METHODS: Prospective nested case-control study of participants from the Northern Sweden Health and Disease Study, including 182 cases that developed pancreatic cancer and four matched controls per case. Blood glucose levels collected up to 24 years before pancreatic cancer diagnosis were analyzed. The association between fasting glucose levels and pancreatic cancer risk was determined using unconditional and conditional logistic regression models. The association between fasting glucose and the time to pancreatic cancer diagnosis, tumor stage and survival was determined using likelihood-ratio test, t-test and log rank test.

RESULTS: The unadjusted risk of developing pancreatic cancer increased with increasing fasting glucose levels (OR 1.30, 95% CI 1.05-1.60, P = .015). Impaired fasting glucose (≥6.1 mmol/L) was associated with an adjusted risk of 1.77 for developing pancreatic cancer (95% CI 1.05-2.99, P = .032). In subgroup analysis, fasting glucose levels were associated with an increased risk in never-smokers (OR 4.02, 95% CI 1.26-12.77, P = .018) and non-diabetics (OR 3.08, 95% CI 1.08-8.79, P = .035) (non-significant for interaction). The ratio between fasting glucose and BMI was higher among future pancreatic cancer patients and an increased ratio was associated with elevated risk of pancreatic cancer (OR 1.66, 95% CI 1.04-2.66, P = .034). Fasting glucose levels were not associated with TNM stage at diagnosis or survival.

CONCLUSIONS: High fasting glucose is associated with an increased risk of being diagnosed with pancreatic cancer.

Place, publisher, year, edition, pages
Elsevier, 2021
Keywords
Early detection, Fasting glucose, Pancreatic ductal adenocarcinoma, Risk analysis
National Category
Surgery
Identifiers
urn:nbn:se:umu:diva-184041 (URN)10.1016/j.pan.2021.05.008 (DOI)000727779500013 ()34049822 (PubMedID)2-s2.0-85106561109 (Scopus ID)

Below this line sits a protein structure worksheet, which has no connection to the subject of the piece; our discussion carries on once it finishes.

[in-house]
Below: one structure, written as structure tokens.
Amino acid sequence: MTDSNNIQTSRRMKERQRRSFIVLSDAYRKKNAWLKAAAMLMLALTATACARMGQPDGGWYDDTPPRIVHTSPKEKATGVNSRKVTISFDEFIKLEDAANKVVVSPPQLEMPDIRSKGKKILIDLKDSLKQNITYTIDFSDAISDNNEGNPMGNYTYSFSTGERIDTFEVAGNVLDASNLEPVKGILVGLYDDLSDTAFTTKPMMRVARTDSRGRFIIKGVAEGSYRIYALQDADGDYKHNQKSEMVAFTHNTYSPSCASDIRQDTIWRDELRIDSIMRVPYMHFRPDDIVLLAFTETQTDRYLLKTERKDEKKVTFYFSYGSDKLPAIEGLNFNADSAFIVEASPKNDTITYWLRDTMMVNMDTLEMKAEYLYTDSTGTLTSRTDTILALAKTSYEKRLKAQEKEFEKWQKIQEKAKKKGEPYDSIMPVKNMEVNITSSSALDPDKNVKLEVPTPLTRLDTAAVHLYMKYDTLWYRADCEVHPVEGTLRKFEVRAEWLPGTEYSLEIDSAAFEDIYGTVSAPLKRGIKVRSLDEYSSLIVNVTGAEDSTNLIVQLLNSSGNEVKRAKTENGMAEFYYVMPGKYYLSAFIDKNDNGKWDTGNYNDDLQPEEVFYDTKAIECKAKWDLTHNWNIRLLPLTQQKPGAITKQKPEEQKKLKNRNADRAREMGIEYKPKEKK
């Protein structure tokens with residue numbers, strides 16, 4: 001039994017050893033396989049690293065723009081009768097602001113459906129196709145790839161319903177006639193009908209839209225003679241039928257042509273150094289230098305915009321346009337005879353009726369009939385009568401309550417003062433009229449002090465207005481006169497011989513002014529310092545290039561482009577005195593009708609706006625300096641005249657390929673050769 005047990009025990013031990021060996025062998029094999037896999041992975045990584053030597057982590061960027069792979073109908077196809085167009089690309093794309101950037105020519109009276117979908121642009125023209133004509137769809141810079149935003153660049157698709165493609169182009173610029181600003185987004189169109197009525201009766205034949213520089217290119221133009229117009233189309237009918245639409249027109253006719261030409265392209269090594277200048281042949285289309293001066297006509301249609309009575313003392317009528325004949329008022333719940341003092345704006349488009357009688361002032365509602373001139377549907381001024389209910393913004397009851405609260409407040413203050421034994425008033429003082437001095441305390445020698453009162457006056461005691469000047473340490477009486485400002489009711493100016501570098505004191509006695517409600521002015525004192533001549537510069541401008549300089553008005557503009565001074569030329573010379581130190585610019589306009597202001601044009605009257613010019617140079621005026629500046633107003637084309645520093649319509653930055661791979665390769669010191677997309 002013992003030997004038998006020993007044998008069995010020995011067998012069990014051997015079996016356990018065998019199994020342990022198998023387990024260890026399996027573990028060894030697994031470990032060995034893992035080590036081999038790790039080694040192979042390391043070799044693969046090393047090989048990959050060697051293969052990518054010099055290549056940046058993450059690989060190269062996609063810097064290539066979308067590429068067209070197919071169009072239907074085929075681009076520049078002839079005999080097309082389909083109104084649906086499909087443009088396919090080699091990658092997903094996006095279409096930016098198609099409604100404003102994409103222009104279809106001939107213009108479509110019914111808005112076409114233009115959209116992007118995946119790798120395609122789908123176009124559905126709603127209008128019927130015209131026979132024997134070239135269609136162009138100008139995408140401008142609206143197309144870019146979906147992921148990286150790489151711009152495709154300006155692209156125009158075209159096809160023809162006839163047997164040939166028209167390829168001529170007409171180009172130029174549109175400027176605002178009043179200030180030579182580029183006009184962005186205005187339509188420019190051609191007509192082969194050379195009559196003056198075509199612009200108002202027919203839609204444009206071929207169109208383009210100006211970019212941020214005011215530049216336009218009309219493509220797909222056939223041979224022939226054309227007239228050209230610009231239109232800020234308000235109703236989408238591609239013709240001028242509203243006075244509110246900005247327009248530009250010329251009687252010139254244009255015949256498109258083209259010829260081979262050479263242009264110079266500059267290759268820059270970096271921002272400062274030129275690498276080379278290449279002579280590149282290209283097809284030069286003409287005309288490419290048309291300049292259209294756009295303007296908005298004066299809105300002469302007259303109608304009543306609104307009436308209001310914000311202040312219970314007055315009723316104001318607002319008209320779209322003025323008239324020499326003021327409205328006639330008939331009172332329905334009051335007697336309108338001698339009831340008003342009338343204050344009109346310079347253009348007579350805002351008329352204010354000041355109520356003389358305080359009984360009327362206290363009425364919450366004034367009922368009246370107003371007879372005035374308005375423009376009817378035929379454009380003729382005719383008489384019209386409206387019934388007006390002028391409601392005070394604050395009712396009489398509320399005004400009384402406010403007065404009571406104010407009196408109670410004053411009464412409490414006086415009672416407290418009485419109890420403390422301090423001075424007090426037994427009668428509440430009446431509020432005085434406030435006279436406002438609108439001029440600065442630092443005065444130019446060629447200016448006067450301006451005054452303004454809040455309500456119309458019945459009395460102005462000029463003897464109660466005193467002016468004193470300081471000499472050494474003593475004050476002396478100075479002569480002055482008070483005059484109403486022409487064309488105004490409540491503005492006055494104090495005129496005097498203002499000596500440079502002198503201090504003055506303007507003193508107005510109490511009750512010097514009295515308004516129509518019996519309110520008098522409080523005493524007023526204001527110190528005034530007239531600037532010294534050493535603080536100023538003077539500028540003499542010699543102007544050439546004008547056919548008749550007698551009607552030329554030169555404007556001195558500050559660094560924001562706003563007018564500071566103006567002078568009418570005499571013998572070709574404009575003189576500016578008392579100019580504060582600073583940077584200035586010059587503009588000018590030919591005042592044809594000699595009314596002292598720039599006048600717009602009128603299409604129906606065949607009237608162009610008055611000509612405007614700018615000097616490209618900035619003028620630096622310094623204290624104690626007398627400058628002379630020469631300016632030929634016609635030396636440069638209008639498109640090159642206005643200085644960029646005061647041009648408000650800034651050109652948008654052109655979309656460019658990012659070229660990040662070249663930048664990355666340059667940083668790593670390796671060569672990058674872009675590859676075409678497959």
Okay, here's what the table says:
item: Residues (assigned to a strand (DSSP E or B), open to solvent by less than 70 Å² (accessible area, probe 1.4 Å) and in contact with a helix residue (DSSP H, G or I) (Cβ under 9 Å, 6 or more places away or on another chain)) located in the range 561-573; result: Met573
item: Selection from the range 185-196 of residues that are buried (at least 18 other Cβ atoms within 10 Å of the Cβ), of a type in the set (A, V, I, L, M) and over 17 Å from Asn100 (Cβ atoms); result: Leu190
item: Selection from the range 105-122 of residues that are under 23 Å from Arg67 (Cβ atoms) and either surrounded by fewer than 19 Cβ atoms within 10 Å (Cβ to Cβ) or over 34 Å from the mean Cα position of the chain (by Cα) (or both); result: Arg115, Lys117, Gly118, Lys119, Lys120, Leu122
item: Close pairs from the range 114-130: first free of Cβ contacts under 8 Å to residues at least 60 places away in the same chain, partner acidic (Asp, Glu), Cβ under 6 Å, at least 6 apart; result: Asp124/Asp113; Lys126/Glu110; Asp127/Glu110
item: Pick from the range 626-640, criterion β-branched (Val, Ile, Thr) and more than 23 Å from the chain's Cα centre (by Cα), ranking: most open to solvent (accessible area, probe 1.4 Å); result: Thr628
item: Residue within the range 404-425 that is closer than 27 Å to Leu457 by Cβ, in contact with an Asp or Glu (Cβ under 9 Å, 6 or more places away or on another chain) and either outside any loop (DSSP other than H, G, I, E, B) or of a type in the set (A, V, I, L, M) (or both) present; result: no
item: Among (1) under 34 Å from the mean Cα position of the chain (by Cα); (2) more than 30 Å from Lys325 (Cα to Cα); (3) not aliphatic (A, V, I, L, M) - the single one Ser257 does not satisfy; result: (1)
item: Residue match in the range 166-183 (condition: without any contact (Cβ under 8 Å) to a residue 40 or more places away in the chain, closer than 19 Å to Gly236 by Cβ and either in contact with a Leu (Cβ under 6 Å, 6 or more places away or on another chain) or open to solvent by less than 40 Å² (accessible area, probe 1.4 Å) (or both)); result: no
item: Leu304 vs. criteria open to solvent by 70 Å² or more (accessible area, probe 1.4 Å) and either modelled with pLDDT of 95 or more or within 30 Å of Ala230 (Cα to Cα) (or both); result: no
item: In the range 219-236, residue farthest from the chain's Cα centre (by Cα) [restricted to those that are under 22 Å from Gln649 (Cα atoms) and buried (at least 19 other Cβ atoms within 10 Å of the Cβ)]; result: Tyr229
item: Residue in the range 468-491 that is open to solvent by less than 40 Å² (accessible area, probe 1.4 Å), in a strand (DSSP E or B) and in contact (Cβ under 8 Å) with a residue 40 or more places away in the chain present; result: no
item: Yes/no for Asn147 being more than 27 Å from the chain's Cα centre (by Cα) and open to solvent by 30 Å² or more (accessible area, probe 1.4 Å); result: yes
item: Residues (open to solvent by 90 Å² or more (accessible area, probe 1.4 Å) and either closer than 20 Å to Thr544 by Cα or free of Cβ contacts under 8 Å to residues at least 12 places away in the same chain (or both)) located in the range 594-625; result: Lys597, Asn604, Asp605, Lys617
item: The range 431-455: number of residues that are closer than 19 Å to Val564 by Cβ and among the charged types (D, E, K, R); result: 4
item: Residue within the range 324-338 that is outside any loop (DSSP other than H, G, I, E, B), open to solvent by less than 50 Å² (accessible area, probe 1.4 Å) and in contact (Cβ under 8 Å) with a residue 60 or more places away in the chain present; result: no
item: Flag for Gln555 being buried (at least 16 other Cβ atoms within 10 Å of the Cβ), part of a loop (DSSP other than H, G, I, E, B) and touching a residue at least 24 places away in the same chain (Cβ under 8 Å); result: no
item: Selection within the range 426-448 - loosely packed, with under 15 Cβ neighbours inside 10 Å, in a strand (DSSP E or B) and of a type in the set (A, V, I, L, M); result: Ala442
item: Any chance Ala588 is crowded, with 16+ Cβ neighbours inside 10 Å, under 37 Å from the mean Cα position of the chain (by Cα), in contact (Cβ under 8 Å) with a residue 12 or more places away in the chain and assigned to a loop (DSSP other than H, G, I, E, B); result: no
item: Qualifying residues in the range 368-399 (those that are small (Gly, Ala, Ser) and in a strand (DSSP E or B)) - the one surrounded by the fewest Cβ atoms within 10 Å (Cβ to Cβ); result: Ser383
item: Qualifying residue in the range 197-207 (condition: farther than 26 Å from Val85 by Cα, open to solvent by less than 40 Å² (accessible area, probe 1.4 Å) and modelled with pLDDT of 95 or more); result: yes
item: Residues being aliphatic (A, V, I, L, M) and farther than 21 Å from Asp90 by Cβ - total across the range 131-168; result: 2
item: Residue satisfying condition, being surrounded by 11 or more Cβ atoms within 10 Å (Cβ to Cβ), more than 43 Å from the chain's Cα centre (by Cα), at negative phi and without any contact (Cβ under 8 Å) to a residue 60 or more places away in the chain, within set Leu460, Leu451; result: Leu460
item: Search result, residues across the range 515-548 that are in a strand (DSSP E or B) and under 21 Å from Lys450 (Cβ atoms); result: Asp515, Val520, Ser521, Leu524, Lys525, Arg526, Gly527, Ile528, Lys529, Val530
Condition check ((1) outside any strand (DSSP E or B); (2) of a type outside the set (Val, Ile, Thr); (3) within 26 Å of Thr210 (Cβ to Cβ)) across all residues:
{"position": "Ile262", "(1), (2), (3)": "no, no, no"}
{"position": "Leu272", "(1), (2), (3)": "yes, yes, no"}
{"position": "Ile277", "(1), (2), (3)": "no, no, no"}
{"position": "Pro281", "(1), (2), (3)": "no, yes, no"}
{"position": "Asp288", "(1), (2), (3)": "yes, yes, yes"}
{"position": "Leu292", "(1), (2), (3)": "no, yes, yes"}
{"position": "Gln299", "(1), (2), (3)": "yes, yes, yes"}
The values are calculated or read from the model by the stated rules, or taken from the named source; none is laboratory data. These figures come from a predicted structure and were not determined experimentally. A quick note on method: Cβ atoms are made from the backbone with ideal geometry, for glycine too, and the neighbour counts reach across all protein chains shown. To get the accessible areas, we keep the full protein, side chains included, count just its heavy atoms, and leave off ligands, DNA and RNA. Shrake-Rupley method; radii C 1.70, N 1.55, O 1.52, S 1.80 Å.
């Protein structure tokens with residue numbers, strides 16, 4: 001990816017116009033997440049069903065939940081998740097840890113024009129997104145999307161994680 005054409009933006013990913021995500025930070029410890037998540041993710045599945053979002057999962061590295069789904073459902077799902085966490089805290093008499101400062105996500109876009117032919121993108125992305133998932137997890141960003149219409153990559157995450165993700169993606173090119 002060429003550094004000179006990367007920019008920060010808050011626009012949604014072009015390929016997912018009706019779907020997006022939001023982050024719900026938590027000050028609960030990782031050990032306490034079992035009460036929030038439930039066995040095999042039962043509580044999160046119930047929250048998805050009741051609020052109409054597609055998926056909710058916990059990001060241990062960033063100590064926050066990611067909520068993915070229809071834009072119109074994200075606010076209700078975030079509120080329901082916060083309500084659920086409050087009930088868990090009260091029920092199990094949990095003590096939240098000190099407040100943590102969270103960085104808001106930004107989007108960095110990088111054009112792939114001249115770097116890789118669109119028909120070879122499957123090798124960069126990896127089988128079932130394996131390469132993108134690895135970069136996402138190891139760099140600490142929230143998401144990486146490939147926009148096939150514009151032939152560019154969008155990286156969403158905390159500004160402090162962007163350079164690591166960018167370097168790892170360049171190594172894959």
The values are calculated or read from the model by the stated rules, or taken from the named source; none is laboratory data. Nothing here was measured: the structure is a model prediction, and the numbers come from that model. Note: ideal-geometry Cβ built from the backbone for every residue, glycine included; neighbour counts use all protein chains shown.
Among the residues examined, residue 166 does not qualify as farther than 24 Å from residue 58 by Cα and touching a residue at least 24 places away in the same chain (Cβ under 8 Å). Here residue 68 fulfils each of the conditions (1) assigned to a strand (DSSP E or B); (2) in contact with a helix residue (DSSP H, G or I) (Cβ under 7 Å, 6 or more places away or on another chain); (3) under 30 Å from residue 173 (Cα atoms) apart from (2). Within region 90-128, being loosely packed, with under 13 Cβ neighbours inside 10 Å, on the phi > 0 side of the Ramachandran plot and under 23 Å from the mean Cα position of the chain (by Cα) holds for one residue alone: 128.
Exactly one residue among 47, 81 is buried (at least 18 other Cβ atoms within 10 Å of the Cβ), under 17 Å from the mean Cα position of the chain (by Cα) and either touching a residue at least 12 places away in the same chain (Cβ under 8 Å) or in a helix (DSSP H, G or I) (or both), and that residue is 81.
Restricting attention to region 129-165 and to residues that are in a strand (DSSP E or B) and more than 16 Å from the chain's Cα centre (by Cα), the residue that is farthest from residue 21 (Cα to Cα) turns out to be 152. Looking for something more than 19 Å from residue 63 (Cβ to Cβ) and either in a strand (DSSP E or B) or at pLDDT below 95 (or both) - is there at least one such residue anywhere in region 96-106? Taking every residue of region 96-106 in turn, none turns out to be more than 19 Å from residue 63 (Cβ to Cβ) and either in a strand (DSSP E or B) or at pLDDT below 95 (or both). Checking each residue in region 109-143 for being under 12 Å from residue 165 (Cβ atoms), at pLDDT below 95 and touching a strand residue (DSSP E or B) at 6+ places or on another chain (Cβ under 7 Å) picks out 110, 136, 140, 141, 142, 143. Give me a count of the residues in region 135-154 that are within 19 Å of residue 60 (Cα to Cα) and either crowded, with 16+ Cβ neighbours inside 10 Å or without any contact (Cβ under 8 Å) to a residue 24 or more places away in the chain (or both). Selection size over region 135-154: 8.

Funder
Swedish Cancer Society, 19027Swedish Cancer Society, 2016-643Swedish Research Council, 2016-02990Swedish Research Council, 2019-01690
Available from: 2021-06-08 Created: 2021-06-08 Last updated: 2023-09-26Bibliographically approved
Herdenberg, C., Mutie, P., Billing, O., Abdullah, A., Strawbridge, R. J., Dahlman, I., . . . Hedman, H. (2021). LRIG proteins regulate lipid metabolism via BMP signaling and affect the risk of type 2 diabetes. Communications Biology, 4(1), Article ID 90.
Open this publication in new window or tab >>LRIG proteins regulate lipid metabolism via BMP signaling and affect the risk of type 2 diabetes
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2021 (English)In: Communications Biology, E-ISSN 2399-3642, Vol. 4, no 1, article id 90Article in journal (Refereed) Published
Abstract [en]

Leucine-rich repeats and immunoglobulin-like domains (LRIG) proteins have been implicated as regulators of growth factor signaling; however, the possible redundancy among mammalian LRIG1, LRIG2, and LRIG3 has hindered detailed elucidation of their physiological functions. Here, we show that Lrig-null mouse embryonic fibroblasts (MEFs) are deficient in adipogenesis and bone morphogenetic protein (BMP) signaling. In contrast, transforming growth factor-beta (TGF-beta) and receptor tyrosine kinase (RTK) signaling appeared unaltered in Lrig-null cells. The BMP signaling defect was rescued by ectopic expression of LRIG1 or LRIG3 but not by expression of LRIG2. Caenorhabditis elegans with mutant LRIG/sma-10 variants also exhibited a lipid storage defect. Human LRIG1 variants were strongly associated with increased body mass index (BMI) yet protected against type 2 diabetes; these effects were likely mediated by altered adipocyte morphology. These results demonstrate that LRIG proteins function as evolutionarily conserved regulators of lipid metabolism and BMP signaling and have implications for human disease. Herdenberg et al. show that adipogenesis and BMP signaling are altered in mouse cells deficient in LRIG (Leucine-rich repeats and immunoglobulin-like domains) proteins. They find that mutant LRIG/sma-10 variant worms exhibit lipid storage defects and that human LRIG1 variants are associated with higher body mass index, yet protect against type 2 diabetes. This study suggests an evolutionarily conserved role of LRIG proteins for lipid metabolism and BMP signaling.

Place, publisher, year, edition, pages
Springer Nature, 2021
National Category
Cell and Molecular Biology
Identifiers
urn:nbn:se:umu:diva-180823 (URN)10.1038/s42003-020-01613-w (DOI)000613509200014 ()33469151 (PubMedID)2-s2.0-85099541477 (Scopus ID)
Available from: 2021-02-26 Created: 2021-02-26 Last updated: 2024-07-02Bibliographically approved
Billing, O., Holmgren, Y., Nosek, D., Hedman, H. & Hemmingsson, O. (2021). LRIG1 is a conserved EGFR regulator involved in melanoma development, survival and treatment resistance. Oncogene, 40, 3707-3718
Open this publication in new window or tab >>LRIG1 is a conserved EGFR regulator involved in melanoma development, survival and treatment resistance
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2021 (English)In: Oncogene, ISSN 0950-9232, E-ISSN 1476-5594, Vol. 40, p. 3707-3718Article in journal (Refereed) Published
Abstract [en]